Our particular focus in the interviews was on drawing out and emphasizing the relational dimension of students, learning experiences within their environment and, consequently, on inferring from their accounts a sense of how they perceived and indeed constituted their environment. We asked them who they learned with and from and how. A further question specifically focused on whom they regarded as their peers and how they understood their peers as a source and a site for learning.” 
In this section, we will interview and/or survey members of the Peeragogy community with questions similar to those used by Boud and Lee  and then identify strengths and shortcomings as we did with the AAR above. These questions are derived from the AAR.
Questions (discussed on an etherpad; revisions to the original set of questions are marked in italics):
- Who have you learned with or from in the Peeragogy project? What are you doing to contribute to your peers’ learning?
- How have you been learning during the project?
- Who are your peers in this community, and why?
- What were your expectations of participation in this project? And, specifically, what did you (or do you) hope to learn through participation in this project?
- What actually happened during your participation in this project (so far)? Have you been making progress on your learning goals (if any; see prev. question) — or learned anything unexpected, but interesting?
- What is right or wrong with what happened (Alternatively: how would you assess the project to date?)
- How might the task be done differently next time? (What’s “missing” here that would create a “next time”, “sequel”, or “continuation”?)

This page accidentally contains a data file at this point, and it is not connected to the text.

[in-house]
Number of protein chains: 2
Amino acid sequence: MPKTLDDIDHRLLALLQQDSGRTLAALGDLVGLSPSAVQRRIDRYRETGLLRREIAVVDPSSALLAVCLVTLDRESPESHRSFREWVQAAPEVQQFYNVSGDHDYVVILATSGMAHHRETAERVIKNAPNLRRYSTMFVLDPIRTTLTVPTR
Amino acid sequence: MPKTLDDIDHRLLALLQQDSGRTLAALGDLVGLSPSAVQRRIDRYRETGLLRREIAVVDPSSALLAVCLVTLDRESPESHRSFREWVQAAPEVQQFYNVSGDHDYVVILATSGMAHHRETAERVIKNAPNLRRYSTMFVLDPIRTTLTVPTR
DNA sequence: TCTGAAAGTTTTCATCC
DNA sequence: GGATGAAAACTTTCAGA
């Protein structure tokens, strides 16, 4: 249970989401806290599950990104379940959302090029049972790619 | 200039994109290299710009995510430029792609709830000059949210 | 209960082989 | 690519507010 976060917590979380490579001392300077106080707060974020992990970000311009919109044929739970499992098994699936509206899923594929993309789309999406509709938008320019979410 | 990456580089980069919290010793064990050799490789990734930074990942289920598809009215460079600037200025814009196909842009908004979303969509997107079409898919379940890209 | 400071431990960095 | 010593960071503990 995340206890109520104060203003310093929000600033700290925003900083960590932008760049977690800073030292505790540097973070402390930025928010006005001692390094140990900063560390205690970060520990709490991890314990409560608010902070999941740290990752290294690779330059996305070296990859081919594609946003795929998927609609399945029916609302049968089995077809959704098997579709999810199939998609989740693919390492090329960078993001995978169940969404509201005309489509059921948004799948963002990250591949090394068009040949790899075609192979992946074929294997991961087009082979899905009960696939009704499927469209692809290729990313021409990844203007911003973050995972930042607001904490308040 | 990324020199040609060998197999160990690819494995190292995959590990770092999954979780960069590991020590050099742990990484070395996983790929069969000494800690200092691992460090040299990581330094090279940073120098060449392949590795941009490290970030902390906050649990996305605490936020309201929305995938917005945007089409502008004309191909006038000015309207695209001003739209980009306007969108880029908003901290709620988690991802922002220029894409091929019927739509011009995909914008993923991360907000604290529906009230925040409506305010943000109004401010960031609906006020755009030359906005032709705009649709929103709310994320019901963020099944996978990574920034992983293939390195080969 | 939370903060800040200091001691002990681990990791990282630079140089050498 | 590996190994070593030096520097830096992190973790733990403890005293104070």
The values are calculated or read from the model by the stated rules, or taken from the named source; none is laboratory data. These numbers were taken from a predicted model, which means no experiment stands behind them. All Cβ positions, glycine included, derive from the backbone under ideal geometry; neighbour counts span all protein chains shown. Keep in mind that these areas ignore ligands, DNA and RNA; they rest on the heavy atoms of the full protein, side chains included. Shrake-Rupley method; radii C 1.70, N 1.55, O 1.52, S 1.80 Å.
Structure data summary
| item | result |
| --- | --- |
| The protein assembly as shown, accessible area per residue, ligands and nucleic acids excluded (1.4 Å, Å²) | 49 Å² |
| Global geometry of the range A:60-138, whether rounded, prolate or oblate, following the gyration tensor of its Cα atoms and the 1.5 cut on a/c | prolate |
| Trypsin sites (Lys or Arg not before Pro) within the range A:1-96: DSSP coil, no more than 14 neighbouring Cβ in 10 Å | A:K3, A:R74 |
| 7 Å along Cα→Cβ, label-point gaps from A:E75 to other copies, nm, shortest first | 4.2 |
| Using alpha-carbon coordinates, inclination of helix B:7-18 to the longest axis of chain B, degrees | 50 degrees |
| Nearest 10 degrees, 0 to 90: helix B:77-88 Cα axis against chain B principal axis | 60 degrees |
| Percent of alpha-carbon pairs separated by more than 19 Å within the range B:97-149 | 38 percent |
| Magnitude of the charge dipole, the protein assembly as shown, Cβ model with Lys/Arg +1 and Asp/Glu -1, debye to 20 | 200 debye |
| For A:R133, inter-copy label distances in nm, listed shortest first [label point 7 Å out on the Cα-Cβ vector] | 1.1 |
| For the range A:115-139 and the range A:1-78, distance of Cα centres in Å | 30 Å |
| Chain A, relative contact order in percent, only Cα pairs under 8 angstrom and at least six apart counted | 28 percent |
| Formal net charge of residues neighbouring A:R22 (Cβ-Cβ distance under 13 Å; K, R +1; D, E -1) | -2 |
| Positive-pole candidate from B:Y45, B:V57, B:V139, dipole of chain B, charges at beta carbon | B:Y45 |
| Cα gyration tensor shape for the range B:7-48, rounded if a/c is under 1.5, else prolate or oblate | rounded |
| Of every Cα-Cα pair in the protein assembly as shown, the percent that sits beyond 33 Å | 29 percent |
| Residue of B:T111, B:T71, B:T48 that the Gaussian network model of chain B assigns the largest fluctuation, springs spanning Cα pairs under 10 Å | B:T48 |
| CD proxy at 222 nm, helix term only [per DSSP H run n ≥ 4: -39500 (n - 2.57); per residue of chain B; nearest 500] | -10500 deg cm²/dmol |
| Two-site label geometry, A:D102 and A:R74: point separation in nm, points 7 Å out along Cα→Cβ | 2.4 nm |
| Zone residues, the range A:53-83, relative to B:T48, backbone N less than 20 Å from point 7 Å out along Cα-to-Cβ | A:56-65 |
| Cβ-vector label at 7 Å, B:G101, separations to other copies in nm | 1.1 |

- How would you like to use the Peeragogy handbook?
- Finally, how might we change the questions, above, if we wanted to apply them in your peeragogical context?
Reflections on participants’ answers
The questions were intended to help participants reflect on, and change, their practice (i.e. their style of participation). There is a tension, however, between changing midstream and learning what we might do differently next time. There is a related tension between initial structure and figuring things out as we go. Arguably, if we knew, 100%, how to do peeragogy, then we would not learn very much in writing this handbook. Difficulties and tensions would be resolved “in advance” (see earlier comments about “magical” technologies for peer production).
And yet, despite our considerable collected expertise on collaboration, learning, and teaching, there have been a variety of tensions here! Perhaps we should judge our “success” partly on how well we deal with those. Some of the tensions highlighted in the answers are as follows:
Slow formation of “peer” relationships. There is a certain irony here: we are studying “peeragogy” and yet many respondents did not feel they were really getting to know one another “as peers”, at least not yet. Those who did have a “team” or who knew one another from previous experiences, felt more peer-like in those relationships. Several remarked that they learned less from other individual participants and more from “the collective” or “from everyone”. At the same time, some respondents had ambiguous feelings about naming individuals in the first question: “I felt like I was going to leave people out and that that means they would get a bad grade – ha!” One criterion for being a peer was to have built something together, so by this criterion, it stands to reason that we would only slowly become peers through this project.
“Co-learning”, “co-teaching”, “co-producing”? One respondent wrote: “I am learning about peeragogy, but I think I’m failing [to be] a good peeragog. I remember that Howard [once] told us that the most important thing is that you should be responsible not only for your own learning but for your peers’ learning. [...] So the question is, are we learning from others by ourselves or are we [...] helping others to learn?” Another wrote: “To my surprise I realized I could contribute organizationally with reviews, etc. And that I could provide some content around PLNs and group process. Trying to be a catalyst to a sense of forward movement and esprit de corps.”